This site is operated by a business or businesses owned by Informa PLC and all copyright resides with them. Informa PLC's registered office is 5 Howick Place, London SW1P 1WG. Registered in England and Wales. Number 8860726.
Look at the thriving game development scene in cities like Melbourne, Seattle, and San Francisco, and a few things become quickly apparent:
I wasn't going to have any kind of effect on the coffee situation anytime soon (hell, as an American expat, my taste in coffee is somewhat suspect anyways) but we could start experimenting with workshops and open discussion. If one of the major barriers to people going indie was having no idea where to start and feeling insecure in their ability to make good game design decisions, then that was the first thing our workshops had to address.
And for community growth to be self-sufficient, these workshops would need to be deeply ingrained in the culture of the city, and not dependent on any one person or group to keep running. Any pipeline dependent on just a few individuals is doomed to fail, and we needed something more sustainable if we were going to survive the next major economic upheaval (whatever that turns out to be).
Step 5. Prototype, Playtest, and Iterate on Everything. Before getting to this point, you've clearly defined your motivations and set out metrics to measure success by. Iteration won't take you off track so long as you keep checking your progress against those.
The first few times you run an event, just like the first few times you playtest a game, you'll be testing a lot of assumptions about how to achieve the experience you're after. In the same way that involving players fundamentally alters all the design ideas that looked so good on paper, running an event live will make it starkly clear what works and what doesn't. After every iteration ask yourself, 'How can we do this better?"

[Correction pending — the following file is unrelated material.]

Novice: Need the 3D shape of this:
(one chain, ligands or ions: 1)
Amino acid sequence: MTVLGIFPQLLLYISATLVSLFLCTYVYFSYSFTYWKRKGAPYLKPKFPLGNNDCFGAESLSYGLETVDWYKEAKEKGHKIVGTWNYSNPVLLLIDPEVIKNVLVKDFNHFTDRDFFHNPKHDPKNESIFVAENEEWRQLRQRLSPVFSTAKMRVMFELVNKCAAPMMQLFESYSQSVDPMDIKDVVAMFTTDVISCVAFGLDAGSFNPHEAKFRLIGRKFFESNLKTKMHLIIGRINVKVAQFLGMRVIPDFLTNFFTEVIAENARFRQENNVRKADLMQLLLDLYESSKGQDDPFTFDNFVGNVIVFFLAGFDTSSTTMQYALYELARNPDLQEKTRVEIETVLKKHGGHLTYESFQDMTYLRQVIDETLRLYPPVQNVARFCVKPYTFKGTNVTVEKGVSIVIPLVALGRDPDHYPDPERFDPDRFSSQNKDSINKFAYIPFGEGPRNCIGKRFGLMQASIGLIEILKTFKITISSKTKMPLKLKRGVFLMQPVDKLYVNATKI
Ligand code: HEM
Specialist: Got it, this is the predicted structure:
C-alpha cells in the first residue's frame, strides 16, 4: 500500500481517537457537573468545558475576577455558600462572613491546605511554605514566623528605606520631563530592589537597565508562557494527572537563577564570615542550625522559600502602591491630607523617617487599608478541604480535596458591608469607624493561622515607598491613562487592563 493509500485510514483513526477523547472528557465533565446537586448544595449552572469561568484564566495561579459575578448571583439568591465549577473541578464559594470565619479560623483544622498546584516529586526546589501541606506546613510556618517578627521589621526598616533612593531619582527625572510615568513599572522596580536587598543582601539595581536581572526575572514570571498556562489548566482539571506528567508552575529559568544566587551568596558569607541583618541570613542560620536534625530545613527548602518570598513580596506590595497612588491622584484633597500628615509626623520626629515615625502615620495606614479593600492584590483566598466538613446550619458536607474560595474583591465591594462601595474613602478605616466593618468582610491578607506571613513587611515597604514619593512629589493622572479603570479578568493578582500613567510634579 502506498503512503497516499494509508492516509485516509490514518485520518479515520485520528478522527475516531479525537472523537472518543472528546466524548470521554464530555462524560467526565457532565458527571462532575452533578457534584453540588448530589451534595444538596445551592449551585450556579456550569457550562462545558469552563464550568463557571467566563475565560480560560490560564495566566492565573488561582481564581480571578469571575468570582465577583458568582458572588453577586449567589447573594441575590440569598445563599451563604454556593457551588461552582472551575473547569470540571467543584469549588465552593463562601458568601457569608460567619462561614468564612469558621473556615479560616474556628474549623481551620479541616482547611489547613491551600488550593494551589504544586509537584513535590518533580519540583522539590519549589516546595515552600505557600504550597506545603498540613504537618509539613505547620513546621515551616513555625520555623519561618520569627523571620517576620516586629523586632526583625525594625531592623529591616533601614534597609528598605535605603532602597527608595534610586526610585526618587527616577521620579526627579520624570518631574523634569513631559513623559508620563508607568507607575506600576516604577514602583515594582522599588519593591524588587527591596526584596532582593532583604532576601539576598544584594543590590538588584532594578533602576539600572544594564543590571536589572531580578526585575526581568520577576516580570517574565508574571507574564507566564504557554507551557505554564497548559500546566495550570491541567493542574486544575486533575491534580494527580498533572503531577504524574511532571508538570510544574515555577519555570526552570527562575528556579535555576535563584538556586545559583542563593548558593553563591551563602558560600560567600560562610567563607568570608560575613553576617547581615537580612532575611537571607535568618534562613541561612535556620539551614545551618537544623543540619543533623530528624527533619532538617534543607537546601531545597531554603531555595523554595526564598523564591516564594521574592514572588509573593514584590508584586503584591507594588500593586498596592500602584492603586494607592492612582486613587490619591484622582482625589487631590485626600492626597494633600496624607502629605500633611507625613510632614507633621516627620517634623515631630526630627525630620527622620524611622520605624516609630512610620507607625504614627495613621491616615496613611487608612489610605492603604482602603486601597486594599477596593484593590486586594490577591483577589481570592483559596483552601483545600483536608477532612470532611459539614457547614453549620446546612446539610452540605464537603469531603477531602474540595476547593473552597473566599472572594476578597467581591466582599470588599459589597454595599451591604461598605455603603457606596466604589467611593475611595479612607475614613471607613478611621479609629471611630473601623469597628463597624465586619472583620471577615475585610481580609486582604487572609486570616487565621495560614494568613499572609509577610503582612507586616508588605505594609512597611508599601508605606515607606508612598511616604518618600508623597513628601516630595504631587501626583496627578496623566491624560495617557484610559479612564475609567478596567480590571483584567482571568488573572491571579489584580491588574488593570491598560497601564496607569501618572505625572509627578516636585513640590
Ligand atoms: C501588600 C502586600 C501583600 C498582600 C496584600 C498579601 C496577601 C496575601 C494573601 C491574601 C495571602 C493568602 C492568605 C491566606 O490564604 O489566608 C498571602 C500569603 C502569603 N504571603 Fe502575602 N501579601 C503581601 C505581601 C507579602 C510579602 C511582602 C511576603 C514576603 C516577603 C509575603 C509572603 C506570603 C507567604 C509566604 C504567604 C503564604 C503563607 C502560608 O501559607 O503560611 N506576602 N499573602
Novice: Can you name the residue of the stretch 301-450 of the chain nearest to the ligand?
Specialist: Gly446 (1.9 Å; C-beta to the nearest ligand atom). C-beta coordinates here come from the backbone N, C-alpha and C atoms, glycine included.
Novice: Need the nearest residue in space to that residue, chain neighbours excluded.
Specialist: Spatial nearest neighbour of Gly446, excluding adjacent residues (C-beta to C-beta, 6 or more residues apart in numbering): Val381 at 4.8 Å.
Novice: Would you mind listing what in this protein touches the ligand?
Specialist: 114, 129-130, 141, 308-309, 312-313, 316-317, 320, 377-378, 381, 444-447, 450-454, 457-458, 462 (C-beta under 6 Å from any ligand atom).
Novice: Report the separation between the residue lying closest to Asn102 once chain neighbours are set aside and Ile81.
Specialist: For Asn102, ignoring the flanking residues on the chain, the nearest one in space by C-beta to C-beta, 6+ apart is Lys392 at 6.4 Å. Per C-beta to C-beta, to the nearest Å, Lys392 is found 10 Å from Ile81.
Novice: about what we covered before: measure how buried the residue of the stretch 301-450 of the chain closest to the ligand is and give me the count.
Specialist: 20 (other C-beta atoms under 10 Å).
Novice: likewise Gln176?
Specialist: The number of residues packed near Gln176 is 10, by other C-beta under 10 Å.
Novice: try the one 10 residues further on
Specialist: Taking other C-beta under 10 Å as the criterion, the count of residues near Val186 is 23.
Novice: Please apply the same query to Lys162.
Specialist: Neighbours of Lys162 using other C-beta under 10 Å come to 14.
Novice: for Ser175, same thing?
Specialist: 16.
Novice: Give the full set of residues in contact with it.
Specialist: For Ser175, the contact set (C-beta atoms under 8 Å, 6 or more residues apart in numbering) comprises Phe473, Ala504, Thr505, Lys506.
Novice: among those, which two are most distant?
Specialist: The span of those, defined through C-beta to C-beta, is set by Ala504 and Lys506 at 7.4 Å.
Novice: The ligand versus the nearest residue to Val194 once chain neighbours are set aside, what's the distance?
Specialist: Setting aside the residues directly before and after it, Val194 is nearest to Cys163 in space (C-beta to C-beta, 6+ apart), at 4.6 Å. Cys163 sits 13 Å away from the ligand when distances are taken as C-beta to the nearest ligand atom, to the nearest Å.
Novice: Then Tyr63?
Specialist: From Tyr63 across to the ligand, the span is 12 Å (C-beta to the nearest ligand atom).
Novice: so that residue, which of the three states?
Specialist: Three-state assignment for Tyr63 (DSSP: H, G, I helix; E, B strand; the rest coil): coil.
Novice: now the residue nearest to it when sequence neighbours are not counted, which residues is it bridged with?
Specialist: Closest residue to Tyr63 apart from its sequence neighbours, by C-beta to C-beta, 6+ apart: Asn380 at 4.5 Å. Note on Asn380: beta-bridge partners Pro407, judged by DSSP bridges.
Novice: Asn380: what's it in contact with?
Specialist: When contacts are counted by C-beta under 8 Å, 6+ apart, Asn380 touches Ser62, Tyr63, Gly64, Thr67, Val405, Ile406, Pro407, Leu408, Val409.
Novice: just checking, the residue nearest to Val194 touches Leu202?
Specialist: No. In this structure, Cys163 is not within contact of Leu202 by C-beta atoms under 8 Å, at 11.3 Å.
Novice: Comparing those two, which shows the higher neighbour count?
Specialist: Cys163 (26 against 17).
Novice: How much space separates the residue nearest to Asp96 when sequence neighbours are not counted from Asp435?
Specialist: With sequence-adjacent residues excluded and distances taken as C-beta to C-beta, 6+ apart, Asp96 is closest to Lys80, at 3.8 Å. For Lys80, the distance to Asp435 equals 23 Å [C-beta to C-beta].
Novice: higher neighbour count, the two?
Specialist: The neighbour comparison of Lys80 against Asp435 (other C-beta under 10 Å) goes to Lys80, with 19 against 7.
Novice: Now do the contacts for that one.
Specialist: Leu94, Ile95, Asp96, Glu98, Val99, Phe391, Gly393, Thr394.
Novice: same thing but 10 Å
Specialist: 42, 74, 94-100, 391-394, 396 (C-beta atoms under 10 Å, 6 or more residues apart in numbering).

How we did it: Our first experiment was a "Game Day" run out of the common room of a local games college, AIE. We arranged industry speakers, created a schedule of game design challenges, sorted prizes, and catered lunch. Entry was $25 for the day, to cover costs. But as good as lunch was, folks showed up just to learn and network with their peers; they didn't need special perks like catered meals to attract them to the event.
So for the next iteration (iFest 2011) we cut out catering and found sponsors for prizes, which let us run the event for free. This time, 200 people showed up to listen to talks on indie game development, and a number of studios started in Sydney shortly after, including Throw the Looking Glass (now See Through Studios), Convict Interactive, and INKids. That event was still too big and flashy to run regularly (and heavily dependent on the college we partnered with) and we still didn't have enough folks self-publishing games, but this was the closest we'd come so far to our metrics for success!
After wrapping up iFest, I settled down to helping my students finish and publish their games in time to submit to IGF and show off at Game Connect Asia Pacific 2011. The challenge here was managing 60-something people, all of whom were working in teams of six to 12 on totally different games that needed to be self-published online at exactly the same time (they didn't need to do that to graduate; they needed to do that so they could call themselves game developers). Any approvals on art, code, or design that had to go through me, our creative director Matt Barker, or our technical director Conan Bourke would have slowed the entire process down, making it impossible to reach our milestones. And that's just silly.